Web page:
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Re: http://ld2sd.deri.org/lod-ng-tutorial/

From: Martin Hepp (UniBW) <martin.hepp@ebusiness-unibw.org>
Date: Tue, 23 Jun 2009 09:33:48 +0200
Message-ID: <4A40855C.6020604@ebusiness-unibw.org>
To: Dan Brickley <danbri@danbri.org>
CC: hepp@ebusiness-unibw.org, Yves Raimond <yves.raimond@gmail.com>, Michael Hausenblas <michael.hausenblas@deri.org>, Richard Cyganiak <richard@cyganiak.de>, "Hepp, Martin" <mhepp@computer.org>, Hugh Glaser <hg@ecs.soton.ac.uk>, mark.birbeck@webbackplane.com, "Booth, David (HP Software - Boston)" <dbooth@hp.com>, "public-lod@w3.org" <public-lod@w3.org>
Hi Dan:
I think Alan already gave examples this morning. An ontology can contain 
statements about the relationship between conceptual elements - classes, 
properties, individuals - that (1) influence the result to queries but 
(2) are not likely retrieved when you just dereference an element from 
that ontology. The more complex an ontology is, the more difficult is it 
to properly modularize it.

But basically my main point is that the use of owl:imports is defined 
pretty well in

http://www.w3.org/TR/owl-ref/#imports-def

and there is no need to deviate from the spec just for the matter of gut 
feeling and annoyance about the past dominance of DL research in the 
field. And as the spec says - with a proper owl:imports statement, any 
application can decide if and what part of the imported ontologies are 
being included to the local model for the task at hand.

Martin


Dan Brickley wrote:
> On 22/6/09 23:16, Martin Hepp (UniBW) wrote:
>>
>>
>> Yves Raimond wrote:
>>>> Ontology modularization is
>>>> a pretty difficult task, and people use various heuristics for 
>>>> deciding what
>>>> to put in the subset being served for an element. There is no 
>>>> guarantee that
>>>> the fragment you get contains everything that you need.
>
>> There is no safe way of importing only parts of an ontology, unless you
>> know that its modularization is 100% reliable.
>> Serving fragments of likely relevant parts of an ontology for reducing
>> the network overhead is not the same as proper modularization of the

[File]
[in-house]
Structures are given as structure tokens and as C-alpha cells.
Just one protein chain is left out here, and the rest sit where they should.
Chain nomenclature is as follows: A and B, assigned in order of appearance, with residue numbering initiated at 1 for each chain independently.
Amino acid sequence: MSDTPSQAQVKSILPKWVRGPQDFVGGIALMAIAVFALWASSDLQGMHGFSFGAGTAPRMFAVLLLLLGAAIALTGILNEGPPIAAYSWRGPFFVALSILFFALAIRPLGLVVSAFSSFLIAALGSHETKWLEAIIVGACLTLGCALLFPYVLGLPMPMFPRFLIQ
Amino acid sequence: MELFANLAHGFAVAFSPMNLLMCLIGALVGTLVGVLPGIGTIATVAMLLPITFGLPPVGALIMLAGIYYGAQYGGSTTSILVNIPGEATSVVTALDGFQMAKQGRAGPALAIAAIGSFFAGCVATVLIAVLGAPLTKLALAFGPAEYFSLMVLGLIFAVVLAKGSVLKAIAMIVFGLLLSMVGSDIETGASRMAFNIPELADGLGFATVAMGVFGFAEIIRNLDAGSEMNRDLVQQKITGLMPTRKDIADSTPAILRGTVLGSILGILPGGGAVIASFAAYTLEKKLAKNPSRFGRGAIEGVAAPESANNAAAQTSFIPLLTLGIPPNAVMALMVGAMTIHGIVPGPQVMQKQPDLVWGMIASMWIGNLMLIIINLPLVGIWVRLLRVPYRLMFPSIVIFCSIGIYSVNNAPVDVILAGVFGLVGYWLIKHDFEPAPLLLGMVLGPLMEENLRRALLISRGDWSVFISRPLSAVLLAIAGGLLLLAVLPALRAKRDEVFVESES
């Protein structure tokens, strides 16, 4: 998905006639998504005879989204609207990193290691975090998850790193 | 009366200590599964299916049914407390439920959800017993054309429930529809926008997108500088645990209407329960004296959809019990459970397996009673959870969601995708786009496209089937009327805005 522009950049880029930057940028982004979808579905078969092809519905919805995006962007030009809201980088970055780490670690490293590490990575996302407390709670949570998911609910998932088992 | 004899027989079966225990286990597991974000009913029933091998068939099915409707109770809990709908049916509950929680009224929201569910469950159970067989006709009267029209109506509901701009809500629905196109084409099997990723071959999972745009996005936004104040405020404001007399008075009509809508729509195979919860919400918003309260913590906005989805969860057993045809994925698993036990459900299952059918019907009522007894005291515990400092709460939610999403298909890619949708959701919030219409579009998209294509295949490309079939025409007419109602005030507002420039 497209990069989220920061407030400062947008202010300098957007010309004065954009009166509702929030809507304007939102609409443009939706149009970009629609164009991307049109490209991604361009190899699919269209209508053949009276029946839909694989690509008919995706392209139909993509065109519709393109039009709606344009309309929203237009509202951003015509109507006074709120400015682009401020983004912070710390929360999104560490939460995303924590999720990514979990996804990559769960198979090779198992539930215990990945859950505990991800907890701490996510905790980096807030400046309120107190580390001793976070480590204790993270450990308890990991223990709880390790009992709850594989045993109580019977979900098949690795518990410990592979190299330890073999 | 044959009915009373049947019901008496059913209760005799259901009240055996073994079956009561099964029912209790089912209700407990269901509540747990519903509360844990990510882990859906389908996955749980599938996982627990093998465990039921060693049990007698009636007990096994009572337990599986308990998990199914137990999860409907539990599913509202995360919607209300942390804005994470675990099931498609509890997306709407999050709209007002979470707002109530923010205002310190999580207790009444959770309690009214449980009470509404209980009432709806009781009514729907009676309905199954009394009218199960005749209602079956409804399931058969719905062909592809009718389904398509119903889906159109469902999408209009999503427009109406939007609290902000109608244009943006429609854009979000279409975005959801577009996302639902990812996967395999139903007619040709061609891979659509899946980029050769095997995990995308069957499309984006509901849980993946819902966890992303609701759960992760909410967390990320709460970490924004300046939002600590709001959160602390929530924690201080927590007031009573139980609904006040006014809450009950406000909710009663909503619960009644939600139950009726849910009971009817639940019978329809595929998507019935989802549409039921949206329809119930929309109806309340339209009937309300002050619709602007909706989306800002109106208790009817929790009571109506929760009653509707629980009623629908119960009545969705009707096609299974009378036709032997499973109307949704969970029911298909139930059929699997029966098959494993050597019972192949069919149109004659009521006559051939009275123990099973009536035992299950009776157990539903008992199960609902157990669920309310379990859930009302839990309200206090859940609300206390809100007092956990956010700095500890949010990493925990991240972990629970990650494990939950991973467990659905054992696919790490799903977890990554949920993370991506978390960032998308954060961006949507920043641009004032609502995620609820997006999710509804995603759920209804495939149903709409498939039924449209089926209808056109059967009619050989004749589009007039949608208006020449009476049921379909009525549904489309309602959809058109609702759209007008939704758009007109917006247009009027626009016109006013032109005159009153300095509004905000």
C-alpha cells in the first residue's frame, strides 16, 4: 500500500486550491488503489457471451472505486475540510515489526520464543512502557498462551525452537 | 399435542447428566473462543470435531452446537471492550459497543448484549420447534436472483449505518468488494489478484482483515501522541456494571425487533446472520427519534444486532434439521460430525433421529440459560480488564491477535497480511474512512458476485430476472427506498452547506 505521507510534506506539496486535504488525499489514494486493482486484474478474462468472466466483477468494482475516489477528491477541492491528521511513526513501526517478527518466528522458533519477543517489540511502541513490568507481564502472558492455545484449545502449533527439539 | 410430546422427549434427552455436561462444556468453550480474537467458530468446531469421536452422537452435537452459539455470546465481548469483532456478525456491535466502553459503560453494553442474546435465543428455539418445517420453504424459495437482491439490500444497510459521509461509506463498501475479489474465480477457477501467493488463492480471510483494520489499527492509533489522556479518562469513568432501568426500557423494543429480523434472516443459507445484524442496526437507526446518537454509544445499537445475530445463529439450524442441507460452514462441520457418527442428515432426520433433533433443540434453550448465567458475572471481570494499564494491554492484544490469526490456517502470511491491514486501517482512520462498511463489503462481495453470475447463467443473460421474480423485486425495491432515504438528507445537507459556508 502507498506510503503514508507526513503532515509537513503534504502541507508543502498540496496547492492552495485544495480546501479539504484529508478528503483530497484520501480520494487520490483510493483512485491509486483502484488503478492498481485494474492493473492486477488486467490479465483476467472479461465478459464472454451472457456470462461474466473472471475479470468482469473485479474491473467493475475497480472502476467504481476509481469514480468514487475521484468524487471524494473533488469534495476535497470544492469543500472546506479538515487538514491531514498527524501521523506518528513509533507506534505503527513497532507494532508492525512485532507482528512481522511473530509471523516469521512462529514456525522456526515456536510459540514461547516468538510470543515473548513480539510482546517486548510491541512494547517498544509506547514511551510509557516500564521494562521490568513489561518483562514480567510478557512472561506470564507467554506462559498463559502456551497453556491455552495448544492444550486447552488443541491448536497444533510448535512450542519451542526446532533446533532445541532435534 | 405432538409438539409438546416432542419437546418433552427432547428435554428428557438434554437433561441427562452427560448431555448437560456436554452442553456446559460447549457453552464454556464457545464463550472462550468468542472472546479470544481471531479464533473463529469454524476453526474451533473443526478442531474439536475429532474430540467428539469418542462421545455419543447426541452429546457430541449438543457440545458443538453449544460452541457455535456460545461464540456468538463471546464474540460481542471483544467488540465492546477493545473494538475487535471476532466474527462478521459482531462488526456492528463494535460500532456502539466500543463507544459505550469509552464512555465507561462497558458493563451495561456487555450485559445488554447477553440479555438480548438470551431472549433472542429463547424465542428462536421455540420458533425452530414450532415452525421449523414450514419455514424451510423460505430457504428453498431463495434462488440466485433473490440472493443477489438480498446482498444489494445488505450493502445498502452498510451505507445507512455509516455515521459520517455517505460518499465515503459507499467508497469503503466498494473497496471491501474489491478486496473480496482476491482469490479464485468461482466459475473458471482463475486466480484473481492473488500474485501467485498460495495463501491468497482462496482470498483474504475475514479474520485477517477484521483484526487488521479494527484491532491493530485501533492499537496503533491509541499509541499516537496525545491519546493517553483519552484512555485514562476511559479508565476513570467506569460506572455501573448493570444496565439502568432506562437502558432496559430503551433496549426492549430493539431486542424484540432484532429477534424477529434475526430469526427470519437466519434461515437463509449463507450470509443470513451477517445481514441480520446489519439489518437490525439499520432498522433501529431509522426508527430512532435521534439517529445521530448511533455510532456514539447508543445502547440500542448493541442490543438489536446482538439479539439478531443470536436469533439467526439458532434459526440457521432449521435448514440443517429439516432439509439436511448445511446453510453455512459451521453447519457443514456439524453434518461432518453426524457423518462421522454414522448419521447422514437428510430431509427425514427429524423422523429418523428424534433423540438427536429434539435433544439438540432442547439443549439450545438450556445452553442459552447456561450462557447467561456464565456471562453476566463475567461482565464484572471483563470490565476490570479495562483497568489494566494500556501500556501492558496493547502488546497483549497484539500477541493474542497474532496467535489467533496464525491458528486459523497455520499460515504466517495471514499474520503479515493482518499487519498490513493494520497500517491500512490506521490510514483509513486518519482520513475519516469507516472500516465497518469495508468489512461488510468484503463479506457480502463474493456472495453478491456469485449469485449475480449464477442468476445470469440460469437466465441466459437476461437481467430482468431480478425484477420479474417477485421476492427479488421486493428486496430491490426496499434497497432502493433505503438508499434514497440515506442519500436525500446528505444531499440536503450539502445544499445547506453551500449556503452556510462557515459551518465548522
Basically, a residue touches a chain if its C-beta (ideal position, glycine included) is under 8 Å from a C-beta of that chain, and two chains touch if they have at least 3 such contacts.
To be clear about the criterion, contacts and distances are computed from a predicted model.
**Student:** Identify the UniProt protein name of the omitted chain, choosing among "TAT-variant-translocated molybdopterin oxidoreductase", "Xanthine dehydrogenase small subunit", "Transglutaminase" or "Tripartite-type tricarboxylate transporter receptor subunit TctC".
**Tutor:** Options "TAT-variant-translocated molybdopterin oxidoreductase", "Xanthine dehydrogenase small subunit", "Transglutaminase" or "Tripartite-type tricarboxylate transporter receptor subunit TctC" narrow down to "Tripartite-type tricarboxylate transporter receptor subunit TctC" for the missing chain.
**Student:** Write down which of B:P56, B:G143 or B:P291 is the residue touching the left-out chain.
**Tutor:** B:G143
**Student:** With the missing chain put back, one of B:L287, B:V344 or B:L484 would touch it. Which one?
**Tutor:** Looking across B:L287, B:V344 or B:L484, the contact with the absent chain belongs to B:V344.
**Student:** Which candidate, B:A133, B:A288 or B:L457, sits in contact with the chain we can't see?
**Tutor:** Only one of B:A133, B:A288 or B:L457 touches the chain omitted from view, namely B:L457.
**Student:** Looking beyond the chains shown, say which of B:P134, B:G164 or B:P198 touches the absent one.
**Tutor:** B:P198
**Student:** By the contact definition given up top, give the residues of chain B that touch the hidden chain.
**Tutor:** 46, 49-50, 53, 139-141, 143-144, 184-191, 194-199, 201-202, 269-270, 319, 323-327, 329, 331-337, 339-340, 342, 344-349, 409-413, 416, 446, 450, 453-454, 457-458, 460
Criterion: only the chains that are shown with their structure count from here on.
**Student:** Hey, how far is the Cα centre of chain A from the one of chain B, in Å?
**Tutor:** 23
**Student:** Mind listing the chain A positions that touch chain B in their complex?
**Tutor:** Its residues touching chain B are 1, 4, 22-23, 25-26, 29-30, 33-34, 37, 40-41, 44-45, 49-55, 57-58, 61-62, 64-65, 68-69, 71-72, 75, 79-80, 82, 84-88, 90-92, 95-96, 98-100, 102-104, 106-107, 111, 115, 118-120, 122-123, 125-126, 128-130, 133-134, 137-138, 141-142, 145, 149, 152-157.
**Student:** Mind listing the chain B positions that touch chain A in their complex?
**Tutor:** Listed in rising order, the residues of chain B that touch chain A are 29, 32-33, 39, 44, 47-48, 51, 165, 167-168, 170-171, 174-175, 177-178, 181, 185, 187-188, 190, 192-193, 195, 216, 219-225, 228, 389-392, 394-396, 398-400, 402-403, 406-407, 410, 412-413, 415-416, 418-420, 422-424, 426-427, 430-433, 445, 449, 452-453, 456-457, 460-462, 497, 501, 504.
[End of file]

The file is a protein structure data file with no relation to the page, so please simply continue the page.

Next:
>> ontology.
>
> Can you give a concrete example of the danger described here? ie. the 
> pair of a complete ("safe") ontology file and a non-safe subset, and 
> an explanation of the problems caused.
>
> I can understand "there is no guarantee that the fragment you get 
> contains everything you need", and I also remind everyone that 
> dereferencing is a privilege not a right: sometimes the network won't 
> give you what you want, when you want it. But I've yet to hear of 
> anyone who has suffered due to term-oriented ontology fragment 
> downloads. I guess medical ontologies would be the natural place for 
> horror stories?
>
> cheers,
>
> Dan
>
>

-- 
--------------------------------------------------------------
martin hepp
e-business & web science research group
universitaet der bundeswehr muenchen

e-mail:  mhepp@computer.org
phone:   +49-(0)89-6004-4217
fax:     +49-(0)89-6004-4620
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         http://www.heppnetz.de/ (personal)
skype:   mfhepp 
twitter: mfhepp

Check out the GoodRelations vocabulary for E-Commerce on the Web of Data!
========================================================================

Webcast:
http://www.heppnetz.de/projects/goodrelations/webcast/

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http://tinyurl.com/semtech-hepp

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Overview article on Semantic Universe:
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Tutorial materials:
Tutorial at ESWC 2009: The Web of Data for E-Commerce in One Day: A Hands-on Introduction to the GoodRelations Ontology, RDFa, and Yahoo! SearchMonkey

http://www.ebusiness-unibw.org/wiki/GoodRelations_Tutorial_ESWC2009





Received on Tuesday, 23 June 2009 07:34:31 UTC

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